The importance of gravity Tristram Shandy has been most eloquently discussed by Sigurd Burckhardt. It should be stressed that the various meanings of the term become implicated in one another, and gravity, with its ballistic connotations, may be said to serve as a model of communication in Sterne’s work. This rhetorical model was probably taken from Swift’s A Tale of a Tub, where it is presented in a satirical tone, with reference to the rejuvenated tradition of Epicureanism:
The last engine of orators is the Stage-itinerant, erected with much sagacity, sub Jove pluvio, in triviis et quadriviis. It is the great seminary of the two former, and its orators are sometimes preferred to the one and sometimes to the other, in proportion to their deservings, there being a strict and perpetual intercourse between all three.
From this accurate deduction it is manifest that for obtaining attention in public there is of necessity required a superior position of place. But although this point be generally granted, yet the cause is little agreed in; and it seems to me that very few philosophers have fallen into a true natural solution of this phenomenon. The deepest account, and the most fairly digested of any I have yet met with is this, that air being a heavy body, and therefore, according to the system of Epicurus, continually descending, must needs be more so when laden and pressed down by words, which are also bodies of much weight and gravity, as is manifest from those deep impressions they make and leave upon us, and therefore must be delivered from a due altitude, or else they will neither carry a good aim nor fall down with a sufficient force.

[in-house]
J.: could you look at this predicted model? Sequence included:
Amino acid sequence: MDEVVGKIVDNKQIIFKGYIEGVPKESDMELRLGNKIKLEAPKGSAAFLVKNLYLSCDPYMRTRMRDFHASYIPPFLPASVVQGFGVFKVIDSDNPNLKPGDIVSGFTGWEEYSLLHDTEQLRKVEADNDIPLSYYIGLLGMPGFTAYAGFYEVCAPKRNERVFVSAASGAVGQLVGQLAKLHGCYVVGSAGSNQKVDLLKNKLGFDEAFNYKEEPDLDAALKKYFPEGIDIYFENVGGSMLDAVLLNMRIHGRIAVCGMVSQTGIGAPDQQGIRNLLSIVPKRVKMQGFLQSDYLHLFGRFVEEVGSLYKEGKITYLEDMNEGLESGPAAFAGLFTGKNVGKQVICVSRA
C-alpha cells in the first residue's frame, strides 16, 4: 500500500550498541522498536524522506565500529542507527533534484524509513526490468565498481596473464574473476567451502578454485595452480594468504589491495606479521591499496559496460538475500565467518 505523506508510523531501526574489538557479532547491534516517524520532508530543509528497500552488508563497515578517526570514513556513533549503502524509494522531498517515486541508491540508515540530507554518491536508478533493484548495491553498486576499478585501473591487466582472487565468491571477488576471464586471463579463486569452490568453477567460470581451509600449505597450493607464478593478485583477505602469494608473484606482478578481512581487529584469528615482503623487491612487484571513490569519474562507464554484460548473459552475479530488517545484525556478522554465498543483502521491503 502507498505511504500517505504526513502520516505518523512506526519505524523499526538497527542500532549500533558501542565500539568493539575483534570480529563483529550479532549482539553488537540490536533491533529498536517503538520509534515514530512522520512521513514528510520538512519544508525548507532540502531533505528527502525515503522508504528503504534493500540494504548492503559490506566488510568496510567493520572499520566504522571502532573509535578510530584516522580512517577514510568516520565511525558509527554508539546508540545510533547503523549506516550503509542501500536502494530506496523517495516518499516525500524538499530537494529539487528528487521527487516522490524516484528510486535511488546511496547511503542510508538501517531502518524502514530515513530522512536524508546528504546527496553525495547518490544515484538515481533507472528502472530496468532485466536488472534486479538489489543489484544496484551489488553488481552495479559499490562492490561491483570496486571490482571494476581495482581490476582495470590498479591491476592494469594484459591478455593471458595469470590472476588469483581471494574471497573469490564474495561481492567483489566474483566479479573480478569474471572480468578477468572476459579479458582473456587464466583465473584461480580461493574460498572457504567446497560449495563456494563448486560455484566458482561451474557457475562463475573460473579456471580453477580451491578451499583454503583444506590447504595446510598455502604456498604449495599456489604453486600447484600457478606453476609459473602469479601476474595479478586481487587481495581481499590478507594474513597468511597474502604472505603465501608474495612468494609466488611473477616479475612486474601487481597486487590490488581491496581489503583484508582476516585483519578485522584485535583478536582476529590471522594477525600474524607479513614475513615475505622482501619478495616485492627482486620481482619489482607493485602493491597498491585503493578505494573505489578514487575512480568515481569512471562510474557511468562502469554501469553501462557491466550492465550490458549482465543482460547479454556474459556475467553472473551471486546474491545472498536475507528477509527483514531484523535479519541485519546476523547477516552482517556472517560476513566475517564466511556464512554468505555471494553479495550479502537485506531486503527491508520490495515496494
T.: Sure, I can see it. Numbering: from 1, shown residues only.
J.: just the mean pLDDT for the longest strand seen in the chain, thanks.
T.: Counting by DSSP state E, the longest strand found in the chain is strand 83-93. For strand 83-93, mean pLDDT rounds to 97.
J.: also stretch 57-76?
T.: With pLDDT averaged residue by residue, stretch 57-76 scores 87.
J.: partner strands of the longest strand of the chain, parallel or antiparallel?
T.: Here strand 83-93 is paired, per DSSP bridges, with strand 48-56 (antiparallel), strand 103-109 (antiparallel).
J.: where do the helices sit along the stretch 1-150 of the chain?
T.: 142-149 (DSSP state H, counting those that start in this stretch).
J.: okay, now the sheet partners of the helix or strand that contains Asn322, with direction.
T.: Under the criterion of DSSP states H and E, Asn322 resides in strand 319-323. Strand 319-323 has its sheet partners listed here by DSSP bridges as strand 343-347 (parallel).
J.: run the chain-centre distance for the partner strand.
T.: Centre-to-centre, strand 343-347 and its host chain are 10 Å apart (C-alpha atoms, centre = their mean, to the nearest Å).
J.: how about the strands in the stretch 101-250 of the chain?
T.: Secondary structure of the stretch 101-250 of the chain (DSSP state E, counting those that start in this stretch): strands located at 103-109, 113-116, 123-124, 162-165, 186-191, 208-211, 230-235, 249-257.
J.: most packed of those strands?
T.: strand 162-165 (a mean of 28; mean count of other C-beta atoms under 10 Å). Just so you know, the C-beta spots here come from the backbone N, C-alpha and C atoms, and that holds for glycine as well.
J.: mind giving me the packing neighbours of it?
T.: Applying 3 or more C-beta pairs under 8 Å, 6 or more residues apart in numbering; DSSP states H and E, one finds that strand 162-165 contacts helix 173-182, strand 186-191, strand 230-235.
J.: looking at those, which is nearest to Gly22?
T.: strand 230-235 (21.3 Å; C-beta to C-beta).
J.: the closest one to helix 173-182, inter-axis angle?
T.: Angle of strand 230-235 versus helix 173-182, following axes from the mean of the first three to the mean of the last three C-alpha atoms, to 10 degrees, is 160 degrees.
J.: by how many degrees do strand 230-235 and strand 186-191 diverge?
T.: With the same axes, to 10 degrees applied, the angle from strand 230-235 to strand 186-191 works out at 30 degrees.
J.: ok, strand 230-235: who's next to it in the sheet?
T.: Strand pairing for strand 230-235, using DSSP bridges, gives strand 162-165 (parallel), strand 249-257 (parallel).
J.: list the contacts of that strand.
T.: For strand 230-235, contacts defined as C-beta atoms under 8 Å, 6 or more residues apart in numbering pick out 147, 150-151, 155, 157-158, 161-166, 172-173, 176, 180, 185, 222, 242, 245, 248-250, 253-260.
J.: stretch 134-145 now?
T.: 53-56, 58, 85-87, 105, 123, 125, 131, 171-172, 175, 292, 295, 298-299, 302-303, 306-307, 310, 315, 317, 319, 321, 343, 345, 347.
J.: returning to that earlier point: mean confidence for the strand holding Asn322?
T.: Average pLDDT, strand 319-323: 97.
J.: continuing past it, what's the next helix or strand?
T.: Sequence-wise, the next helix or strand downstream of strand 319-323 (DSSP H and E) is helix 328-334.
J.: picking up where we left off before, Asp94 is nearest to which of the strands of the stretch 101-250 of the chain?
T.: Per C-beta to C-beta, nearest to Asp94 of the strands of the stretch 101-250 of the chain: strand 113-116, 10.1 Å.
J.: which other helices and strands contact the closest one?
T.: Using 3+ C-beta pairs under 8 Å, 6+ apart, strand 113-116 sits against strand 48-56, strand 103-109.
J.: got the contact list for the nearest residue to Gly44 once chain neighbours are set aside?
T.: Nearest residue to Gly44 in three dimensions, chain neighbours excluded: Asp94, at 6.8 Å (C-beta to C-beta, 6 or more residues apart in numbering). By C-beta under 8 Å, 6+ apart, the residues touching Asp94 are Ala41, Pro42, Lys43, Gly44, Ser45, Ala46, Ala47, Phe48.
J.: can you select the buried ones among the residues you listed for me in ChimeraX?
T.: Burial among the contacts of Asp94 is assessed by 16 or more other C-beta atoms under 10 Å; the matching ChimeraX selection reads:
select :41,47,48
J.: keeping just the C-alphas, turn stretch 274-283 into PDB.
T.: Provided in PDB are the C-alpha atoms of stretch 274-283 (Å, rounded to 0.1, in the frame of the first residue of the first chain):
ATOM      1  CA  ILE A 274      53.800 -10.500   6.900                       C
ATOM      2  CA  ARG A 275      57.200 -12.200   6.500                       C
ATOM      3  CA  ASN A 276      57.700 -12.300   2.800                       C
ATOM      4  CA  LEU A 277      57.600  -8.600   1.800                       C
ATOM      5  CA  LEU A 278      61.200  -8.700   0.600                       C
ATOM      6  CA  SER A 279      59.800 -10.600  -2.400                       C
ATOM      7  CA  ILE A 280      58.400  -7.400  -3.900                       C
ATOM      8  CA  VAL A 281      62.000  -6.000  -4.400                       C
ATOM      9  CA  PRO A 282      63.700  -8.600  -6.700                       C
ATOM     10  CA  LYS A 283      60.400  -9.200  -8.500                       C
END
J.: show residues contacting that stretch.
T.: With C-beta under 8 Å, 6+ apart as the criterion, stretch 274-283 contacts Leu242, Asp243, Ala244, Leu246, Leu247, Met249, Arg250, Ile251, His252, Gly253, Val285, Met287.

With this context in mind, we may return to the episode of Yorick and his “words directed point blank to the heart”. As soon as Yorick pronounces these words, Uncle Toby “rose up to say something upon projectiles — when a single word, and no more, uttered from the opposite side of the table, drew every one’s ears toward it” (TS IV./26: 262). Yorick, then, falls victim to a double interruption. First, he would be interrupted in the expected manner by Uncle Toby (whose hypothetical interjection draws attention to the potential militaristic connotations of Yorick’s metaphor), but then another projectile takes precedence. It is the chestnut falling “perpendicularly and piping hot” into Phutatorius’ breeches, and the victim’s subsequent cursing, that draw everyone’s attention. Tristram’s account highlights the unlikelihood of the vertical trajectory of the chestnut nevertheless finding its way into the aperture in Phutatorius’ breeches, and the narrator also meditates on the accidental nature of this event in the framework of the immutable laws of nature. A purely accidental event — it is Uncle Toby who, jumping up, knocks the chestnut off the table — also obeys the universal law of gravity, and Tristram’s discourse, tracing the multiple interruptions in the story, also follows a certain trajectory at the same time. It is clear that the purely accidental occurrences add up to form an incident of grave consequence: the chestnut having dropped to the ground, Yorick picks it up and hands it to Phutatorius, thereby confirming in the victim’s mind Yorick’s own guilt in the matter, and deepening the animosity between the two. Tristram’s account stresses the importance of gravity: “It is curious to observe the triumph of small incidents over the mind: — What incredible weight they have in forming and governing our opinions, both of men and things, — that trifles light as air, shall waft a belief into the soul…” (TS IV/27: 266). Yorick’s speech is thus interrupted by Toby Shandy, who is in turn interrupted by Phutatorius, but this series of disruptions is presented in a surprisingly consistent discourse. This consistency also stresses the contradictory nature of Yorick’s original statement by pointing to the inevitability of gravitational or ballistic terms in describing conversational situations.